A narrow-band-pass filter 95, which is constituted with the same material as that of the ultrasonic detecting element 20, is disposed in the direction in which the light output from the ASE light source 93 passes through the beam separator 94 (lower part in FIG. 8). The light entered into the narrow-band-pass filter 95 is reflected at a multi-layered film, which is included in the narrow-band-pass filter 95 and has a Bragg grating structure, and enters into the beam separator 94 again. The spontaneous emission light generated by the ASE light source 93 is narrow-banded by passing through the narrow-band-pass filter 95.

The light reflected from the narrow-band-pass filter 95 enters into the beam separator 94 again, the course thereof is changed and the light enters into the beam separator 12. The light passed through the beam separator 12 enters into the ultrasonic detecting element 20 in which an optical reflectance of the ultrasonic sensing portion changes by extension and contraction in accordance with the received ultrasonic wave, and is reflected after being subjected to an intensity modulation.

In Bragg grating portion, the central wavelength of the reflected light changes in the ratio of 0.01 nm/° C. due to temperature change. Accordingly, when a light source generating a single-wavelength laser beam is used, the following problem occurs, that is, the sensitivity of the ultrasonic detecting element 20 including Bragg grating portion largely changes due to the temperature change. However, as shown in FIG. 8, by narrow-banding the spontaneous emission light generated by the ASE light source 93 by using the narrow-band-pass filter 95, a band that is close to the single-wavelength laser beam can be ensured, and the changes in sensitivity of the ultrasonic receiving apparatus due to the temperature changes can be reduced as well.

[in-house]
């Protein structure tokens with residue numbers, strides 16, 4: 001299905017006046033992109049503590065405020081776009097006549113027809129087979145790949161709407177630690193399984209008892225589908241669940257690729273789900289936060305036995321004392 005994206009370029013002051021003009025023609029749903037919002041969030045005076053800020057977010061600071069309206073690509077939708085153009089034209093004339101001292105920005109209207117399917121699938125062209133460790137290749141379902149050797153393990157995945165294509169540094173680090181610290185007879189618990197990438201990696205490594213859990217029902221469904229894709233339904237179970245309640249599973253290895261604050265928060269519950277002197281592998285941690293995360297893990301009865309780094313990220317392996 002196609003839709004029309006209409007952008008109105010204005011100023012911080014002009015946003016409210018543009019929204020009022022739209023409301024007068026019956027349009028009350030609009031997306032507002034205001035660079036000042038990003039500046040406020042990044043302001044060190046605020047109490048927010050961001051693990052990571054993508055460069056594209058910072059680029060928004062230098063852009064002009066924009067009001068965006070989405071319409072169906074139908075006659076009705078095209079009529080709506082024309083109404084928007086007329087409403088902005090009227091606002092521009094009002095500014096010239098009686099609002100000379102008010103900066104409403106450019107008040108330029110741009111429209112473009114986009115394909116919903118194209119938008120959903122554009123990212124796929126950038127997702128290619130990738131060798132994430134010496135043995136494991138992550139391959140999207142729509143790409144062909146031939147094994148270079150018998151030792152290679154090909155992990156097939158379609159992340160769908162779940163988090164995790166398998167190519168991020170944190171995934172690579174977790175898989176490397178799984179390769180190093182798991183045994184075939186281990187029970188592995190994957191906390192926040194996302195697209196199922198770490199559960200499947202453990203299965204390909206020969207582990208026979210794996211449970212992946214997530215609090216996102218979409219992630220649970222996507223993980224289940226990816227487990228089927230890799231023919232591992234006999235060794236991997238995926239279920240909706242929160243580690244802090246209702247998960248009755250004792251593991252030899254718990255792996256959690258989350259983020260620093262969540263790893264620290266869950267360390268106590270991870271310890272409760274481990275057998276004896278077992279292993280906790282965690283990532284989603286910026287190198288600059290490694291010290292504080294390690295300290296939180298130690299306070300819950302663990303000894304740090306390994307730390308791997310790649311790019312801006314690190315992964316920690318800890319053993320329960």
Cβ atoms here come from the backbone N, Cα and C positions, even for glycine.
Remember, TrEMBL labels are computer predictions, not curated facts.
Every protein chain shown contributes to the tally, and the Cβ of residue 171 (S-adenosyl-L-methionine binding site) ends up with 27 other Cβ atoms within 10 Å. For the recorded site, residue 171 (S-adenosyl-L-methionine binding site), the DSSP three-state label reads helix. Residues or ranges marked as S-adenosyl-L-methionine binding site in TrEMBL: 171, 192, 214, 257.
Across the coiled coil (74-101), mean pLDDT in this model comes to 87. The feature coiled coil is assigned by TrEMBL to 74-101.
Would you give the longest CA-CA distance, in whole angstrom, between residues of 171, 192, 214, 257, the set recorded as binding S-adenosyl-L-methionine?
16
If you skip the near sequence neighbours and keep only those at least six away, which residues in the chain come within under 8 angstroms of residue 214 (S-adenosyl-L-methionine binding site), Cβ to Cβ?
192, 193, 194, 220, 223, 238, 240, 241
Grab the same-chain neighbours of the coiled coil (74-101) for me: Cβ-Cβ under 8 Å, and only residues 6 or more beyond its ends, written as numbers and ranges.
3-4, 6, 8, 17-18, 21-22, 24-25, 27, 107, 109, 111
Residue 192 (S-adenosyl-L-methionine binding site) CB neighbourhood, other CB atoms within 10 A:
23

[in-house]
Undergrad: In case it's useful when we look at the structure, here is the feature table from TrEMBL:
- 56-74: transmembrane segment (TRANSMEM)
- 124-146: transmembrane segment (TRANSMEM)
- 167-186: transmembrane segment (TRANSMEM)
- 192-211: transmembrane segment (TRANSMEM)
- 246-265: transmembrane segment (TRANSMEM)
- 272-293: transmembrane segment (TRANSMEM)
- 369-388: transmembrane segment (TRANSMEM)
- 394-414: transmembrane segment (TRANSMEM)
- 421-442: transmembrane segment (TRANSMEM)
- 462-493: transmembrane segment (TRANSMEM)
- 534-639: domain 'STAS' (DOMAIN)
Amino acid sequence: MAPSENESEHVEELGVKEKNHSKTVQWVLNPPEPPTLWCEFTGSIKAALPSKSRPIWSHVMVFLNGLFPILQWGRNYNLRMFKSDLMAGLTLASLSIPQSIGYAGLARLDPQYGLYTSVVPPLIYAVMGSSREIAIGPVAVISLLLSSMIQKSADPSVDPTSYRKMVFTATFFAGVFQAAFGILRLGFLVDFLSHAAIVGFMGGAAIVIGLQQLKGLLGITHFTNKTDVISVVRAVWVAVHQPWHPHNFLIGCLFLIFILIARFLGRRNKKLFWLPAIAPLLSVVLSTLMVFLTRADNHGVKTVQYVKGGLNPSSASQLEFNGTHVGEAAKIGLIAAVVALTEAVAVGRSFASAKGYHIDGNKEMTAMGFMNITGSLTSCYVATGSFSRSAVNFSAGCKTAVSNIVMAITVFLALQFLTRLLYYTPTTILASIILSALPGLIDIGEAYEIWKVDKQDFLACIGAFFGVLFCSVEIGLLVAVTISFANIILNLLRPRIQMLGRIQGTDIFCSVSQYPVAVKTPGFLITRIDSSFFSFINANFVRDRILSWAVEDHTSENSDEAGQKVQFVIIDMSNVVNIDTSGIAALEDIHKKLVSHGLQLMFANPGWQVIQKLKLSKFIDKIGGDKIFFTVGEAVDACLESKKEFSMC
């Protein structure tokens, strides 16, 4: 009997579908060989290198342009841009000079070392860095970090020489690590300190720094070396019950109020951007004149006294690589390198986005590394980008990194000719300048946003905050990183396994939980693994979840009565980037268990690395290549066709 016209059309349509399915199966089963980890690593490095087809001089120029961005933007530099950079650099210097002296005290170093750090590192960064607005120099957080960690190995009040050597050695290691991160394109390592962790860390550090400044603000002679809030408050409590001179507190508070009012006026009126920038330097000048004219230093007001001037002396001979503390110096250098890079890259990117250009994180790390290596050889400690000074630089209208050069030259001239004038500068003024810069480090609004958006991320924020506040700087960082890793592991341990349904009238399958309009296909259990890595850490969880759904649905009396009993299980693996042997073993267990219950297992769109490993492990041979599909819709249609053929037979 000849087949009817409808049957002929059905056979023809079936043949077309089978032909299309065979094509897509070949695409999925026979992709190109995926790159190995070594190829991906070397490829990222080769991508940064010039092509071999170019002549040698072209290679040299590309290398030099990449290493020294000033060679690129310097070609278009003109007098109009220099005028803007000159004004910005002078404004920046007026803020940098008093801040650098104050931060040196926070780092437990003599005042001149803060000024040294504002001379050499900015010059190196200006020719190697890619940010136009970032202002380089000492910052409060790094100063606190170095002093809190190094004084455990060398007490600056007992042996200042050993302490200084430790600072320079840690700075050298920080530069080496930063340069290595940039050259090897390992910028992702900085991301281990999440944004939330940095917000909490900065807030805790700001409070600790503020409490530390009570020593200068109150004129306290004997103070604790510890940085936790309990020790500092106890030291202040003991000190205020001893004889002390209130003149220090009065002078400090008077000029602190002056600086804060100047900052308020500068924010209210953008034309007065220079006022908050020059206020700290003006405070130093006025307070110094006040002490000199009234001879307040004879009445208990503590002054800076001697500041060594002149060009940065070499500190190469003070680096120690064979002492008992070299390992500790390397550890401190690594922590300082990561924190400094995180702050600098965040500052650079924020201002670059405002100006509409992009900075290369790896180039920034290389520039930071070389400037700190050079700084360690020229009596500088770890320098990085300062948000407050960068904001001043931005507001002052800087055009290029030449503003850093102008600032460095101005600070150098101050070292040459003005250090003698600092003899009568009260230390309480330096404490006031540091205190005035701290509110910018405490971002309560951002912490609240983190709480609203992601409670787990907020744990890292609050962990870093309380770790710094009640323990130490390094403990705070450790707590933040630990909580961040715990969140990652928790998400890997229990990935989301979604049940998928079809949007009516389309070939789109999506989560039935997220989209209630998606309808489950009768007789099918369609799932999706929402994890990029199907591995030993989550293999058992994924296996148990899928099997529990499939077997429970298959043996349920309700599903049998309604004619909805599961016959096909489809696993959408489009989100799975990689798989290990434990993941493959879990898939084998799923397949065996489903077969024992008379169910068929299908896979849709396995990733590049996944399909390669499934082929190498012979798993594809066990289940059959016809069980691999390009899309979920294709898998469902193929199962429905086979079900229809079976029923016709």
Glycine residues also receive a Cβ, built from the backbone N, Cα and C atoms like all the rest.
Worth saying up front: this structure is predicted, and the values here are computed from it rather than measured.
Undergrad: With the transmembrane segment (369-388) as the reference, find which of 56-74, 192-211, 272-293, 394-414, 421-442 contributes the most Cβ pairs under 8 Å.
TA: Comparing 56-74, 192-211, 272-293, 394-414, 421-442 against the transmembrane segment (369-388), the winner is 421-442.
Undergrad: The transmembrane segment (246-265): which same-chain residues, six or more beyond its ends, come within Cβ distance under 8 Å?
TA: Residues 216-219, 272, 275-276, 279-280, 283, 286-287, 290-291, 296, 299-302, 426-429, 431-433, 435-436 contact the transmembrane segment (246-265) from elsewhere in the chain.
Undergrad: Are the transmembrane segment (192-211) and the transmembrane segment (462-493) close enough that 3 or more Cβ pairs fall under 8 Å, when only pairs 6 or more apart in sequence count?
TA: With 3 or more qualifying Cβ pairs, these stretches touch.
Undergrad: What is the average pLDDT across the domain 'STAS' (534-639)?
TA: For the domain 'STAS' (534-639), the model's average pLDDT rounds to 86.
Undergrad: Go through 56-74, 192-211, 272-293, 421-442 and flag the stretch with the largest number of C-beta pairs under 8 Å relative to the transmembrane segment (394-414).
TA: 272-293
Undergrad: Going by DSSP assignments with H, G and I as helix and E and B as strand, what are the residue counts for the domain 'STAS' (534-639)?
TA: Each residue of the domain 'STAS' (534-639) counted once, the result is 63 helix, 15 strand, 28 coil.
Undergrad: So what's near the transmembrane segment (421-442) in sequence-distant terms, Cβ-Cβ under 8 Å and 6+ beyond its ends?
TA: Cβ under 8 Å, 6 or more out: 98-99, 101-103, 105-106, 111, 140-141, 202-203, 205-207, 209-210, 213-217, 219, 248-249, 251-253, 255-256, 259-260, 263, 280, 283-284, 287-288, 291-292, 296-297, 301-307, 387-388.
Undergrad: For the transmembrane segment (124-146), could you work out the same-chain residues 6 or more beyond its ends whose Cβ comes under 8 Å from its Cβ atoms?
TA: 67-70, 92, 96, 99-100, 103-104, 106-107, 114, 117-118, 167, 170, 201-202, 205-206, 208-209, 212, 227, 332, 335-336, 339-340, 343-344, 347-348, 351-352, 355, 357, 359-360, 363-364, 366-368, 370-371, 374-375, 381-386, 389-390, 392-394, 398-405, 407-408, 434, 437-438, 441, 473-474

Because the narrow-band-pass filter 95 and the ultrasonic detecting element 20 are formed using the same material and, for example, the narrow-band-pass filter 95 and the ultrasonic detecting element 20 are coupled using a material having a high heat conductivity, or the narrow-band-pass filter 95 and the ultrasonic detecting element 20 are positioned physically close to each other, thereby thermal coupling is ensured. Alternatively, a heat pipe may be disposed around the narrow-band-pass filter 95 and the ultrasonic detecting element 20.

Owing to the fact, Bragg grating portion of the narrow-band-pass filter 95 and Bragg grating portion of the ultrasonic detecting element 20 have substantially the same temperature. Accordingly, even when the reflection characteristics of the ultrasonic detecting element 20 shifts due to temperature fluctuation, the wavelength of the light that enters into the ultrasonic detecting element 20 also shifts. As a result, the changes in the sensitivity of the ultrasonic receiving apparatus can be reduced.

Referring to FIG. 10, an ultrasonic imaging apparatus, to which the above-described ultrasonic receiving apparatus is applied, will be described.

An ultrasonic detecting unit 60 as shown in FIG. 10 includes the ultrasonic detecting element which is described in the first to third embodiments and which is connected to the lens 17 and the beam separator 12 through the collimating portion or the optical transmission path.

Also, the ultrasonic imaging apparatus includes an ultrasonic transmitting unit 70 and a drive signal generating circuit 71. The ultrasonic transmitting unit 70 transmits an ultrasonic wave on the basis of a drive signal generated by the drive signal generating circuit 71.